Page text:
Above the roar of the storm, a horse neighed.
Looking out into wall of the raindrops, she squinted and managed to make out the shape of a rider moving toward her. Lily held her breath. The rider’s body sat hunched in the saddle against the elements and his head bent down so low that the rain collecting on the hat poured in a stream onto his unlucky mount. She turned and gazed back into the cabin at the body upon her kitchen table. He was supposed to protect her. Lily could feel a surge of panic wrapping around her heart.
Gathering her wits, she tried to think of what to do. To keep her secret safe, she pulled the door closed and stepped to the edge of the porch. Using the wash pan as a shield, she held her tongue and watched his approach. More than drenched--waterlogged seemed the better term for there was more sea than cactus to him or the poor beast, whose misfortune it was to be out on a night like tonight. The animal seemed to take notice of her long before its master. It came to the rail, paused, and nickered softly. Lily watched as the rider slowly lifted his head.
“Evening.” His deep Texas twang rang over the ever-falling rain.
“Evening,” she mumbled, wondering why she even bothered to hold a conversation with the drifter in the first place. Yet, she knew. It had been so long since she heard the sound of another human voice. The craving passed. She grew angry with herself and clutched the pan tighter against her damp cotton dress. Be strong, she chided and stepped up to speak. “No free meal here,” she said. "Now, go on your way."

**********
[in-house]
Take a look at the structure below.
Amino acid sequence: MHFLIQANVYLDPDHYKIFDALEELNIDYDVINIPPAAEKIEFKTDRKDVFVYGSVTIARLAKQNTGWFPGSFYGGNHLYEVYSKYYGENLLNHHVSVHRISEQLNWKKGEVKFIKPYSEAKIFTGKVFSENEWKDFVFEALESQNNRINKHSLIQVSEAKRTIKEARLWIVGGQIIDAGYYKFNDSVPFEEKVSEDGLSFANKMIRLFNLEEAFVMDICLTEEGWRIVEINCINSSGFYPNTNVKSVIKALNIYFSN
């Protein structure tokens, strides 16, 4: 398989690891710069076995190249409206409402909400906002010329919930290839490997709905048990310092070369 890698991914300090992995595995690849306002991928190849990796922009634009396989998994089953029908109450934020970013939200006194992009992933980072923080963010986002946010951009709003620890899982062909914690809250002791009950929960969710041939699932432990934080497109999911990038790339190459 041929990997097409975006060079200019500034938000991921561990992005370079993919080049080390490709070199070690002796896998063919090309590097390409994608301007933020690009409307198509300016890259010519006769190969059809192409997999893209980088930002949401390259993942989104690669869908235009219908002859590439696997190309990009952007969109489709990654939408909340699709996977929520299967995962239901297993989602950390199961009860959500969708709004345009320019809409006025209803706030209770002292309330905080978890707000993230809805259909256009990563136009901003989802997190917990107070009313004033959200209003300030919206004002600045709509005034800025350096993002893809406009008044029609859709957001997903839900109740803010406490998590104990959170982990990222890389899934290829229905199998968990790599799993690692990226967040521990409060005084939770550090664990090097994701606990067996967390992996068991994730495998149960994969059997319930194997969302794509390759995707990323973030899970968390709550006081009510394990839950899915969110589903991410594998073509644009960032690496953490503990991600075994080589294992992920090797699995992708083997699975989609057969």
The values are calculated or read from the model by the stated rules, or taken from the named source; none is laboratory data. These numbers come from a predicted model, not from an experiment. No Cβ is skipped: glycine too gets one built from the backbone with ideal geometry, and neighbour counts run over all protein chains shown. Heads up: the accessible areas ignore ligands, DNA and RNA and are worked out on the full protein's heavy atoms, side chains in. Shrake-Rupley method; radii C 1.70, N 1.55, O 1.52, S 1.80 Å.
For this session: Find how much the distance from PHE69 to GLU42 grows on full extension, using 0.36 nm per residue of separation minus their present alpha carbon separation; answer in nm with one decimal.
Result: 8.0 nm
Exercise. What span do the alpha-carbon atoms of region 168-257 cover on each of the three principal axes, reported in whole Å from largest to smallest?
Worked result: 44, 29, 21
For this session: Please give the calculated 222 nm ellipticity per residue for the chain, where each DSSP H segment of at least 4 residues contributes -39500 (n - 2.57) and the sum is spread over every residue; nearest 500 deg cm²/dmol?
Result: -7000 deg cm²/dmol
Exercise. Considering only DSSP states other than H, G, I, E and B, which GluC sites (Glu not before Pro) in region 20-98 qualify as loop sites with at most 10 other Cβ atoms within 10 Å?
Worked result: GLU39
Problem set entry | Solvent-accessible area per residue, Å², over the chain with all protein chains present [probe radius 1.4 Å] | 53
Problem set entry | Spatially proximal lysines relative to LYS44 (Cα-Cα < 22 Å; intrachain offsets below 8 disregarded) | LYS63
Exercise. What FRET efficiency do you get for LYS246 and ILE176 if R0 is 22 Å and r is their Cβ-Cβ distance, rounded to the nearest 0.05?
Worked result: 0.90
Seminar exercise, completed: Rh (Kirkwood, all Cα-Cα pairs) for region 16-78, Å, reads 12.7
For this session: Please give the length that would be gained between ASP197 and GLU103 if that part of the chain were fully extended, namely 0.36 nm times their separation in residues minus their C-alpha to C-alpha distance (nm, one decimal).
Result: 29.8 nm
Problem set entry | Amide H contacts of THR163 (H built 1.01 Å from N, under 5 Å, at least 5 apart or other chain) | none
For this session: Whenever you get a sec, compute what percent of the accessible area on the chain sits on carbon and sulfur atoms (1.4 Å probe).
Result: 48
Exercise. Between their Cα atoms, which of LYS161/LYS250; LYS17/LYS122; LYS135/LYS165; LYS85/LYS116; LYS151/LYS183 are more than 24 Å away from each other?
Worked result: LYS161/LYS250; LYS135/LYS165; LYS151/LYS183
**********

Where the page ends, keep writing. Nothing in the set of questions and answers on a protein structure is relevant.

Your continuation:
His eyes blinked in surprise. The sound of the rain now deafening, he shifted in the saddle. Pulling his leg over the cantle, he stepped down into the sea of mud. She watched his boots sink in the liquefied ground. The mud swallowed his footwear nearly up to his ankles, yet he did not acknowledge her words.
Her anger rose. “You deaf? I said there was no free meal.”
He stood, shoulders bunched, beside his mount, his eyes focused on his saddle leathers, ignoring her completely.
“I asked you a question.” Her voice rose shrilly.
The horse coughed. The rider flipped the stirrup over the pommel, loosening the girth. "Ma'am, it is late. I am dog tired."
She edged closer to the steps that led down into the yard and away from the protection of the porch roof. In disbelief, she watched the man ignore her words and go about his business with the saddle. The audacity of his actions made her stare.
Over the drumming of the drops on her wash pan, his words were calm and surprising. “That your barn?”Coming in June from Passion In Print - Saddle up and be ready to ride!